A follow-up [12] has been recently published, which deals with photonic band structure calculations for diamond and pyrochlore crystals and which compares the KKR results against those obtained by the MIT-package. Please, see for details here.

Some additional information you can find in the PhD thesis of Esther C. M. Vermolen on Manipulation of colloidal crystallization (cca 9.4 MB) from 2008.


  1. K. M. Ho, C. T. Chan, and C. M. Soukoulis, Existence of a photonic gap in periodic dielectric structures, Phys. Rev. Lett. 65, 3152-3155 (1990).
  2. E. Yablonovitch, T. J. Gmitter, and K. M. Leung, Photonic band structure: The face-centered-cubic case employing nonspherical atoms, Phys. Rev. Lett. 67, 2295-2298 (1991).
  3. A. Moroz and C. Sommers, Photonic band gaps of three-dimensional face-centered cubic lattices,
    J. Phys.: Condens. Matter 11, 997-1008 (1999). [physics/9807057] [story behind this article]
  4. A. Moroz, Metallo-dielectric diamond and zinc-blende photonic structures,
    Phys. Rev. B 66, 115109 (2002). [cond-mat/0209188] [pdf]
  5. J. C. Maxwell Garnett, Colours in metal glasses and in metallic films, Phil. Trans. R. Soc. London 203, 385-420 (1904).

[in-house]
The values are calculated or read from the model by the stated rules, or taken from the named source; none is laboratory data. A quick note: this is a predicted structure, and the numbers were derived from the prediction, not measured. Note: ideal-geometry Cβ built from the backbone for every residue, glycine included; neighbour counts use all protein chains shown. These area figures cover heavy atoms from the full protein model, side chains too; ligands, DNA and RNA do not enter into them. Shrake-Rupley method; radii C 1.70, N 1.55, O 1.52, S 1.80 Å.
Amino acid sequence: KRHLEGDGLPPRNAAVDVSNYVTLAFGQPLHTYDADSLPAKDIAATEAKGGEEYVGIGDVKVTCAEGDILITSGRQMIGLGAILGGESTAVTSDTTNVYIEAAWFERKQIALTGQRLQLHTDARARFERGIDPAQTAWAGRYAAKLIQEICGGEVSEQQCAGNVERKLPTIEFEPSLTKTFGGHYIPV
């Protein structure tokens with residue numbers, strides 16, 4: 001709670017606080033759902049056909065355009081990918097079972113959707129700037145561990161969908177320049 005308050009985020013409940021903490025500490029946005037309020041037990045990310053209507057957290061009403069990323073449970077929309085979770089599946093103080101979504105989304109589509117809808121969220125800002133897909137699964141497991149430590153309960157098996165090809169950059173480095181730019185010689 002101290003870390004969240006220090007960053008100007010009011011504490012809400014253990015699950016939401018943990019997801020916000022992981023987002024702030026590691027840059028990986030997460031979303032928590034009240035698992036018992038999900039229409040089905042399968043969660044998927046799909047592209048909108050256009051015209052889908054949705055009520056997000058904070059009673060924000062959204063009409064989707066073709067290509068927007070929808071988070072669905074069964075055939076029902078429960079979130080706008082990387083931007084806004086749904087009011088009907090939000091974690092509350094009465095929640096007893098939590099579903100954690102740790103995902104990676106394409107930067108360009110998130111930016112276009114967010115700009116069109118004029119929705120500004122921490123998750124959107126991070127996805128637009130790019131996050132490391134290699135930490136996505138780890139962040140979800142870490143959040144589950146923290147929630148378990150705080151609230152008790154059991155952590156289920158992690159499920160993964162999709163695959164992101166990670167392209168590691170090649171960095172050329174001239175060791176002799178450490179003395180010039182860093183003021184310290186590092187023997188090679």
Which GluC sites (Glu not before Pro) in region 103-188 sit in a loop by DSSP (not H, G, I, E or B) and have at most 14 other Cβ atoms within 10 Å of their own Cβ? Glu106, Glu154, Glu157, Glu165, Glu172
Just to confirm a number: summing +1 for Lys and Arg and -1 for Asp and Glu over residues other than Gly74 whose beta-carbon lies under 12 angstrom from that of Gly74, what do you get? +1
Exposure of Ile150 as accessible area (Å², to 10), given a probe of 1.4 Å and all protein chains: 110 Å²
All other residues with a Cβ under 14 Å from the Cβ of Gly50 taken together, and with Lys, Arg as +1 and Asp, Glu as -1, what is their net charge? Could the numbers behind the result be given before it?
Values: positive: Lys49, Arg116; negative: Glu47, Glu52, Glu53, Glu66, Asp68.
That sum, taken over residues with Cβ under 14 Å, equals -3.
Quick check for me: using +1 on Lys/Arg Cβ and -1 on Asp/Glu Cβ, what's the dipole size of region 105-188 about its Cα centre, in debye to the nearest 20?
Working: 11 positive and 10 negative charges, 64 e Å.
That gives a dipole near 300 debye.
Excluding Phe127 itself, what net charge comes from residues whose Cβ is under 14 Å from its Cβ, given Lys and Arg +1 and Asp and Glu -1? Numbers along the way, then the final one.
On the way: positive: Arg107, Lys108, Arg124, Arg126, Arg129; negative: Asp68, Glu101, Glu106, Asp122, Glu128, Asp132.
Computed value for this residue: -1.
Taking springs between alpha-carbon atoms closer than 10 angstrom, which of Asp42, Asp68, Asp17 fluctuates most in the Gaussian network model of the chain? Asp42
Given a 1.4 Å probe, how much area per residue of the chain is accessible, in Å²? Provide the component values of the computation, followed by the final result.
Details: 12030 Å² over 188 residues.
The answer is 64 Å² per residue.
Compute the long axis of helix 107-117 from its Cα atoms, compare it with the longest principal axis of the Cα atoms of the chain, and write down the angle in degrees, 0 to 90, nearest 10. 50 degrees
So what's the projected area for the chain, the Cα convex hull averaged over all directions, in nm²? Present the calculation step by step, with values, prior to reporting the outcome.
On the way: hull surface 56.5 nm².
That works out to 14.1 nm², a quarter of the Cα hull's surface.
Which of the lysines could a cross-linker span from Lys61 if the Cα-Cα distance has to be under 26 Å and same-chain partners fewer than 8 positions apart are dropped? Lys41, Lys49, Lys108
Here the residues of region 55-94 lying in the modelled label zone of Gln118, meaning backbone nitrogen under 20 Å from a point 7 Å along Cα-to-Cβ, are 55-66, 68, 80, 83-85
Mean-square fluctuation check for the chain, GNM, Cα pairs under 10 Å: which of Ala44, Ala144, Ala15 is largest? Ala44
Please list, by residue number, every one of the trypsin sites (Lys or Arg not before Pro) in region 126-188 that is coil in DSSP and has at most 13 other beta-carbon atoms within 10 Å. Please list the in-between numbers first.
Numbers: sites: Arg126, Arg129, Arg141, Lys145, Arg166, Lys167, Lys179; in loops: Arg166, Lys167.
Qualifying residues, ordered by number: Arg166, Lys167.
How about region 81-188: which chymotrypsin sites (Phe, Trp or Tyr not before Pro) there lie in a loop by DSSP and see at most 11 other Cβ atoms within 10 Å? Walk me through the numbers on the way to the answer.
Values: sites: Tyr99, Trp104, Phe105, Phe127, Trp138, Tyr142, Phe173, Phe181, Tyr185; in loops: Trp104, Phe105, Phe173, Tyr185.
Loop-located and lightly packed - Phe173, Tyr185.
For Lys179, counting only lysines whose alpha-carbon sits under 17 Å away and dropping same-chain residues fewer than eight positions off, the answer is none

6. A. Moroz, A simple formula for the L-gap width of a face-centered-cubic photonic crystal,
    J. Opt. A: Pure Appl. Opt. 1, 471-475 (1999). [physics/9903022]
  7. A. R. Williams, J. F. Janak, and V. L. Moruzzi, Exact Korringa-Kohn-Rostoker energy-band method with the speed of empirical pseudopotential methods, Phys. Rev. B 6, 4509-4517 (1972).
  8. P. R. Villeneuve and M. Piche, Photonic band gaps in two-dimensional square lattices: Square and circular rods, Phys. Rev. B 46, 4973-4975 (1992).
  9. H. van der Lem and A. Moroz, Towards two-dimensional complete photonic-bandgap structures below infrared wavelengths,
    J. Opt. A: Pure Appl. Opt. 2, 395-399 (2000).
  10. J. B. Pendry and A. MacKinnon, Calculation of photon dispersion relations, Phys. Rev. Lett. 69, 2772-2775 (1993).
  11. H. S. Sozuer, J. W. Haus, and R. Inguva, Photonic bands: Convergence problems with the plane-wave method, Phys. Rev. B 45, 13962-13972 (1992).
  12. E. C. M. Vermolen, J. H. J. Thijssen, A. Moroz, M. Megens, and A. van Blaaderen, Photonic band structure calculations for diamond and pyrochlore crystals,
    Optics Express 17(9), 6952-6961 (2009).

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Alexander Moroz, August 1, 2001 (last updated on April 1, 2011)